The New Year is filled with intentions that usually involve dieting and exercise. Gardening is a great way to help make those two decisions while improving your mood, lowering blood pressure, maintaining flexibility, burning calories and more.
Decide to grow your own vegetables and eat healthier in the new year. Get your family and friends involved in planning ways gardening can be included in your life.
Explore ways to incorporate vegetables and herbs into your landscape. Vegetable gardener is not the only option. Putting vegetables in flower beds, mixed borders and container gardens can expand your planting space. Look for new compact and colorful vegetable varieties that fit nicely into small spaces, planters and ornamental gardens.
Make a list of any seed residues and make a list of these seeds and any plants you need to buy. The earlier you order, the more likely you are to get the items on your list.
Do not wait to start your year with healthy gardening and eating habits. Start growing microgreens in January. They are fast, easy and do not require any special equipment. Plus, recent research has shown that many contain as much as 25 times more nutrients than the leaves of the mature plant.
Organize a seed exchange with family and friends in the winter. It’s a great way to expand your plant budget and experiment with new seeds. Turn old seeds that are no longer viable into works of art with sheets of paper or small pieces of wood, glue and a little creativity.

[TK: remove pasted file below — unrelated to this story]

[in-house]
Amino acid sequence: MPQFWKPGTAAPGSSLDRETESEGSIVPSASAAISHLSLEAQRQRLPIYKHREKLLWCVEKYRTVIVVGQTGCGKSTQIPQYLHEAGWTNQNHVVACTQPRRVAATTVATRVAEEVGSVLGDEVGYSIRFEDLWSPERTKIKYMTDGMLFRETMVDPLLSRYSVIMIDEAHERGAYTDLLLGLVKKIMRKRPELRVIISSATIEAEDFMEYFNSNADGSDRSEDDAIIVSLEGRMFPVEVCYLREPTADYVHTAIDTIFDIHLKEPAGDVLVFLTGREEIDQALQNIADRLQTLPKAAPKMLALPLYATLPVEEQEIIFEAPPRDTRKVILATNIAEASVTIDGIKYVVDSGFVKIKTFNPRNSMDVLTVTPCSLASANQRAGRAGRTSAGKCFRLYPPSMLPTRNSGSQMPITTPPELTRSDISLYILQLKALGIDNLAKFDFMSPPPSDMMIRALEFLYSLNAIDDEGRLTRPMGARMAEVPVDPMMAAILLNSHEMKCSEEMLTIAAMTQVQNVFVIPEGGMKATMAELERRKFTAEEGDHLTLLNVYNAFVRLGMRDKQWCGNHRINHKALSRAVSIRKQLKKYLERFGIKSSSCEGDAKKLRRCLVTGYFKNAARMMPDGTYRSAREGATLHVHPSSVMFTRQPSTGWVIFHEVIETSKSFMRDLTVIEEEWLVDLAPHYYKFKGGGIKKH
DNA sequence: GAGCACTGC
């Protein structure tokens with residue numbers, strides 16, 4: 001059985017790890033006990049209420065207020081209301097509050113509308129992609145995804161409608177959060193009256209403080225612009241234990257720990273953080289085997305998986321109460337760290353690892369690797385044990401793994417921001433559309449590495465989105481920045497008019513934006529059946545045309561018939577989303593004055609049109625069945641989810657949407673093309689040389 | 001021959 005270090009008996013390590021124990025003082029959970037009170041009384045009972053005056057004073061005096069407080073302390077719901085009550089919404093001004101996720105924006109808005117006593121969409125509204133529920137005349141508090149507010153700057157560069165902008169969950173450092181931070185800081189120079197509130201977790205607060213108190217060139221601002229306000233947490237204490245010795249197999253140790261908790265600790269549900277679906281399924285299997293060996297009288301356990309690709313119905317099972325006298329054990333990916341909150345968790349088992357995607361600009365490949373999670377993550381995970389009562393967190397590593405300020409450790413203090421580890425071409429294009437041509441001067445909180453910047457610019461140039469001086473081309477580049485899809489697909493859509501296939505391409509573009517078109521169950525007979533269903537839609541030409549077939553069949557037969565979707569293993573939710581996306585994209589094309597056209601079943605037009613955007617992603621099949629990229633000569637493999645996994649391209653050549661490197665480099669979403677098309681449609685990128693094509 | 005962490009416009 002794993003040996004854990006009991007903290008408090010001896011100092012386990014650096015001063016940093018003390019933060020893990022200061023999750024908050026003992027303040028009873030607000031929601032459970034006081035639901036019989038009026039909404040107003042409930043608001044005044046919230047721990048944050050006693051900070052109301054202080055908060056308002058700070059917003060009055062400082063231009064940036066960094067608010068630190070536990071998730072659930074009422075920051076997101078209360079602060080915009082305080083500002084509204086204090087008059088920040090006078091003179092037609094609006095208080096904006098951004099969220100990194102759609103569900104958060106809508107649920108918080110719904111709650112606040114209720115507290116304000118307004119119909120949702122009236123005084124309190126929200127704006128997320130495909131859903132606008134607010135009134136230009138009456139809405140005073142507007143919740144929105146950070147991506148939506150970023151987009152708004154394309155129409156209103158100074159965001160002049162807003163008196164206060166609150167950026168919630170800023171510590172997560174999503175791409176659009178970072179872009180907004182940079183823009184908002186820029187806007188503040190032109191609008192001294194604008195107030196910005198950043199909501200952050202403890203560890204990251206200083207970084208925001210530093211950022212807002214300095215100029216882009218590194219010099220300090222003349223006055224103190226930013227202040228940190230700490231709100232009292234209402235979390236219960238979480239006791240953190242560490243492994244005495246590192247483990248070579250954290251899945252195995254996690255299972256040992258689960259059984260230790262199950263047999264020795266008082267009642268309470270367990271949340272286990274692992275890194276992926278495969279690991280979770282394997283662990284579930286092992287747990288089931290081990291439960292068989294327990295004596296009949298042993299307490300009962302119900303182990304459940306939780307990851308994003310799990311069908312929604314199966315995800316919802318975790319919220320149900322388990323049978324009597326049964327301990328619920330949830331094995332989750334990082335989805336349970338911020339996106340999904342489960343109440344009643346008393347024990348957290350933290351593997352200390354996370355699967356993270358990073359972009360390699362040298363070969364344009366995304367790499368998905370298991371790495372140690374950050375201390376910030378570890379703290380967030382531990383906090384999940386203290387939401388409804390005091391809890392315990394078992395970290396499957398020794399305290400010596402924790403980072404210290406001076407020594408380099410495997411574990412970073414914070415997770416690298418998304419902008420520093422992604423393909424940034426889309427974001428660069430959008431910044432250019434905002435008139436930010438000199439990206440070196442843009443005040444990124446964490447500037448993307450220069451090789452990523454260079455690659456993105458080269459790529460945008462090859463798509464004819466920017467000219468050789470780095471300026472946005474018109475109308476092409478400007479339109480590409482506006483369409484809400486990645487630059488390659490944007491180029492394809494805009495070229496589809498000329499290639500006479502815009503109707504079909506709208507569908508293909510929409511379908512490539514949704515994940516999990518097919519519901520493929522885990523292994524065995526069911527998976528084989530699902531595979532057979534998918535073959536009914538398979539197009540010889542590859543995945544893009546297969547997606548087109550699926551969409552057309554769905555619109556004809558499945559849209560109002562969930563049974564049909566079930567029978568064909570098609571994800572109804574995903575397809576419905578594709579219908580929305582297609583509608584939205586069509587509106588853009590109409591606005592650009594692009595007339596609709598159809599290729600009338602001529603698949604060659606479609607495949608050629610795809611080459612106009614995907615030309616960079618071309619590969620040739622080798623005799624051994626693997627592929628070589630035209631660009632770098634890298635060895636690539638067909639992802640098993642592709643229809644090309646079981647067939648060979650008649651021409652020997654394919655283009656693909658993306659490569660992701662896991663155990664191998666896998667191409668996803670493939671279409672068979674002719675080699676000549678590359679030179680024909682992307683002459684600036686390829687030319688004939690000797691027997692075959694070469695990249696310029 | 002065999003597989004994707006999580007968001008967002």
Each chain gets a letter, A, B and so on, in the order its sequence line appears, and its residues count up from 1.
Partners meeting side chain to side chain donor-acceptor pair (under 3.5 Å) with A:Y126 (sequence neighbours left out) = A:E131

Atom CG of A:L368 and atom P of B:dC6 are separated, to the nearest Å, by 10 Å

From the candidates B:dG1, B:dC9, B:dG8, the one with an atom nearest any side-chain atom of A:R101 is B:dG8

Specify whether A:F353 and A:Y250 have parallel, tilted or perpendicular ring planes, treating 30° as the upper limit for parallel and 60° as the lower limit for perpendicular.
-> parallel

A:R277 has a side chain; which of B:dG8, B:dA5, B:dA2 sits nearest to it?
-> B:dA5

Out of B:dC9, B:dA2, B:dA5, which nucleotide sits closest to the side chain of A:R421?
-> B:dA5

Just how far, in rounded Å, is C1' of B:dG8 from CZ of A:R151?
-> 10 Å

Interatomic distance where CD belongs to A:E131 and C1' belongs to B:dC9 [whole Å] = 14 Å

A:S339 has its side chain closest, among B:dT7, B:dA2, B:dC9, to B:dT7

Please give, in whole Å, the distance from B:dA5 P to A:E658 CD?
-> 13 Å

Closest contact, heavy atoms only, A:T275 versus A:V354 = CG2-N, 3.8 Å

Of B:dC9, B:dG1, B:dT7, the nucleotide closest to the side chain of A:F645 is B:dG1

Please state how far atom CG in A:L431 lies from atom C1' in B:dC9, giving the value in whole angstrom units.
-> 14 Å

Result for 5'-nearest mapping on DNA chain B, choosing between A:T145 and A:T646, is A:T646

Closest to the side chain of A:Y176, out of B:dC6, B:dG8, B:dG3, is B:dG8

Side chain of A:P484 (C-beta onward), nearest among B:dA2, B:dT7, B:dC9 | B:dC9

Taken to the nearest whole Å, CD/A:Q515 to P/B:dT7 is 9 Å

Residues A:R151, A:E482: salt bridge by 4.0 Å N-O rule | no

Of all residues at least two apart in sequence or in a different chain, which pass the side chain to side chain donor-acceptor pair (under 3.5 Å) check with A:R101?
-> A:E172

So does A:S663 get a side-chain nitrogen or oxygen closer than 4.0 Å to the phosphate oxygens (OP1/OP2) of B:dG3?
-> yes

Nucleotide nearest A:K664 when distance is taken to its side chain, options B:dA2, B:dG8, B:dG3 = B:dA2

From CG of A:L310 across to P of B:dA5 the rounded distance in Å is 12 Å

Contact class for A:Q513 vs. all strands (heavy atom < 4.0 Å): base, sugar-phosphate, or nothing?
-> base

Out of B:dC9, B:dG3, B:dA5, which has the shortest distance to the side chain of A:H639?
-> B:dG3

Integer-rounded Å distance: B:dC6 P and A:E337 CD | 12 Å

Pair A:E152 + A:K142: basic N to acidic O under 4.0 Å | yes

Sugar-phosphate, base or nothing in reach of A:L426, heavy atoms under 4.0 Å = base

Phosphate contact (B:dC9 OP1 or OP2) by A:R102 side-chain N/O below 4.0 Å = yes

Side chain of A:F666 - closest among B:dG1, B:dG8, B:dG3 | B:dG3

Start vegetable, herb and flower seeds indoors in late winter to mid-spring. Check the seed package for timing and planting instructions. Create a seed seed chart or mark plant dates in your calendar to ensure seeds are planted at the recommended time.
Monitor the weather and follow the recommended planting dates for sowing seeds directly in the garden and moving seedlings outdoors. Use homemade or do-it-yourself bricks, floating row covers and cold frames to kick off the season. These capture the heat near the plants for an earlier start in the garden. They can also be used to prolong the end of the growing season.
Start removing weeds as soon as they appear during the season. These unwanted plants compete with desirable plants for water and nutrients, and many host diseases and pests. Pulling weeds is also a great way to reduce stress while improving the health and beauty of your garden beds.
Harvest flowers to enjoy in summer bouquets and events. Choose a few extra things to share with friends. Research has found immediate and long-lasting benefits generated by the gift of fresh flowers.
Pick vegetables regularly when they are at their highest for maximum productivity, flavor and nutritional value. Share extra products with family, friends and foodies – many of whom are children – in your community. Contact your local food bank, pantry or Feeding America to donate fresh produce to the garden.
Finish your efforts with a garden party. Invite other gardeners to bring a dish to share that includes home-grown vegetables. Share recipes, garden success stories, and start planning for the upcoming season.
For the recommended timing to carry out these and other garden projects, check out my monthly garden checklists.
Melinda Myers has written more than 20 garden books, including The Midwest Gardener’s Handbook and Small Space Gardening. She hosts The Great Courses’ “How to Grow Anything” DVD series and the nationally syndicated Melinda’s Garden Moment TV and radio program. Myers is a columnist and co-editor of Birds & Blooms magazine. Her website is www.melindamyers.com.